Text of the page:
Open up your summer house
It’s finally spring! And so it’s time to open the cottage with pomp and circumstance, play some music, dress slightly cooler than the weather really allows, and start working on the cottage checklist.
Look over the whole house. Is the roof intact, or is it broken anywhere? Fix what needs to be fixed so you don’t get rained on in your bed. How do the gutters look? Clean them out if needed. Are the windows alright? If not, you can use putty and paint where required. If you have your own well, it’s a good idea to send a water sample to the municipality every other year to check the quality. If you have a chimney, try to figure out if there is a bird’s nest inside before you put a fire on.
The cold of winter can be nasty to cottages, and something may have frozen and broken while you’ve been dreaming of warmer times. When you get to your house, check that the water meter doesn’t show anything before you turn the water on, as if it does, it could indicate that there is a leak somewhere. Once you have turned on the water and the heating, stay around the house so you can hear and see any leaks, damage or rabbits. If you see a rabbit outside, that’s fine, but it’s important to enjoy yourself.
If, however, you see a mouse or rat in the house, it’s time to check that the cables haven’t been chewed through. Using cables that have been eaten by rodents could cause a fire. Bear in mind that right now, when you’re heating the house for the first time in a while, the risk of fire is greater than at any other time. Then, think about something nice again.
Then, let’s get the toilet going! If you have a urine diverting toilet, ensure that the fan is quiet and doesn’t sound bad, as that could mean that something is stuck there. If that is the case, check the fan housing; how you do this depends on the model, but the main thing is that the housing is disassembled, emptied of any rubbish, and then reassembled again. You can now check that the urine drain is still in place.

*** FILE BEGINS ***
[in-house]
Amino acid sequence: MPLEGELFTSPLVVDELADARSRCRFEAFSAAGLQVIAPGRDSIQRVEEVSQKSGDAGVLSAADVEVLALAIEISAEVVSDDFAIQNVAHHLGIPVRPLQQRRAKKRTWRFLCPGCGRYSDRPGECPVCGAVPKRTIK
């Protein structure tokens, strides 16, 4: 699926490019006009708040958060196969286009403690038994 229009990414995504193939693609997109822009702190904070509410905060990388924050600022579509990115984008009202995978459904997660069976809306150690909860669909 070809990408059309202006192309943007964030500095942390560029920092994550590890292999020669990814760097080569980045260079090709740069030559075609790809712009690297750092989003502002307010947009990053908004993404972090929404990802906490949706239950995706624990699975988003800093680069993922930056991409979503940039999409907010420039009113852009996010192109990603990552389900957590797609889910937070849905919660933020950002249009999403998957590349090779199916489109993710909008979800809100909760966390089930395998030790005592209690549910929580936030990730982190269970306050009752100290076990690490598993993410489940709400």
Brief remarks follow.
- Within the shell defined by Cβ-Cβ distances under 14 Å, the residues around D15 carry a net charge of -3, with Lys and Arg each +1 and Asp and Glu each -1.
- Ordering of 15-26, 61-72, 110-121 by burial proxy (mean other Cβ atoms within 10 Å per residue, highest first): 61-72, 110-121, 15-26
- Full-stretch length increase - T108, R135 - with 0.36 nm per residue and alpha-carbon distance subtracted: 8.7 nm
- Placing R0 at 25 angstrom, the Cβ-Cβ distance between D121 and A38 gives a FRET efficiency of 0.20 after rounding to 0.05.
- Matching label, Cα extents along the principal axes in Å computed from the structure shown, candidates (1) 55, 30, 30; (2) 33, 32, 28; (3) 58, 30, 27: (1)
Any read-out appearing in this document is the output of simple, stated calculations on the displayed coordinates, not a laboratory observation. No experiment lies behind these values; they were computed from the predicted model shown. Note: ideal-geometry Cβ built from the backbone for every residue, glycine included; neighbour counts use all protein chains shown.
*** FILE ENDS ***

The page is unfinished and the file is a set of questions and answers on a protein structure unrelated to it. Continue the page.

If you have an incinerating toilet, I think you should check the whole ventilation pipe and the ventilation cap for obstructions. Look inside the toilet and the ash container to ensure that no little animal has made your toilet their home. Once you’ve given the toilet a once-over, put the ash container back, connect the toilet to the ventilation pipe, and put the plug into the socket. Start a programme. If you’re unlucky, and the radiator doesn’t work as it should, damp may have gotten in over winter. Have you tried turning it off and on again? Turn the toilet off and on again, put on the heating in the space, and leave the toilet for a few hours before trying again. Once you’ve gotten a programme going and the toilet is heating, let the whole programme run without any waste in the toilet. Did it go well? Great!
Now, you can let go of the everyday life of the city, and enjoy the lovely sunshine at the cottage! Welcome.
Save this checklist for later if you live in a colder climate than we here in the south of Sweden.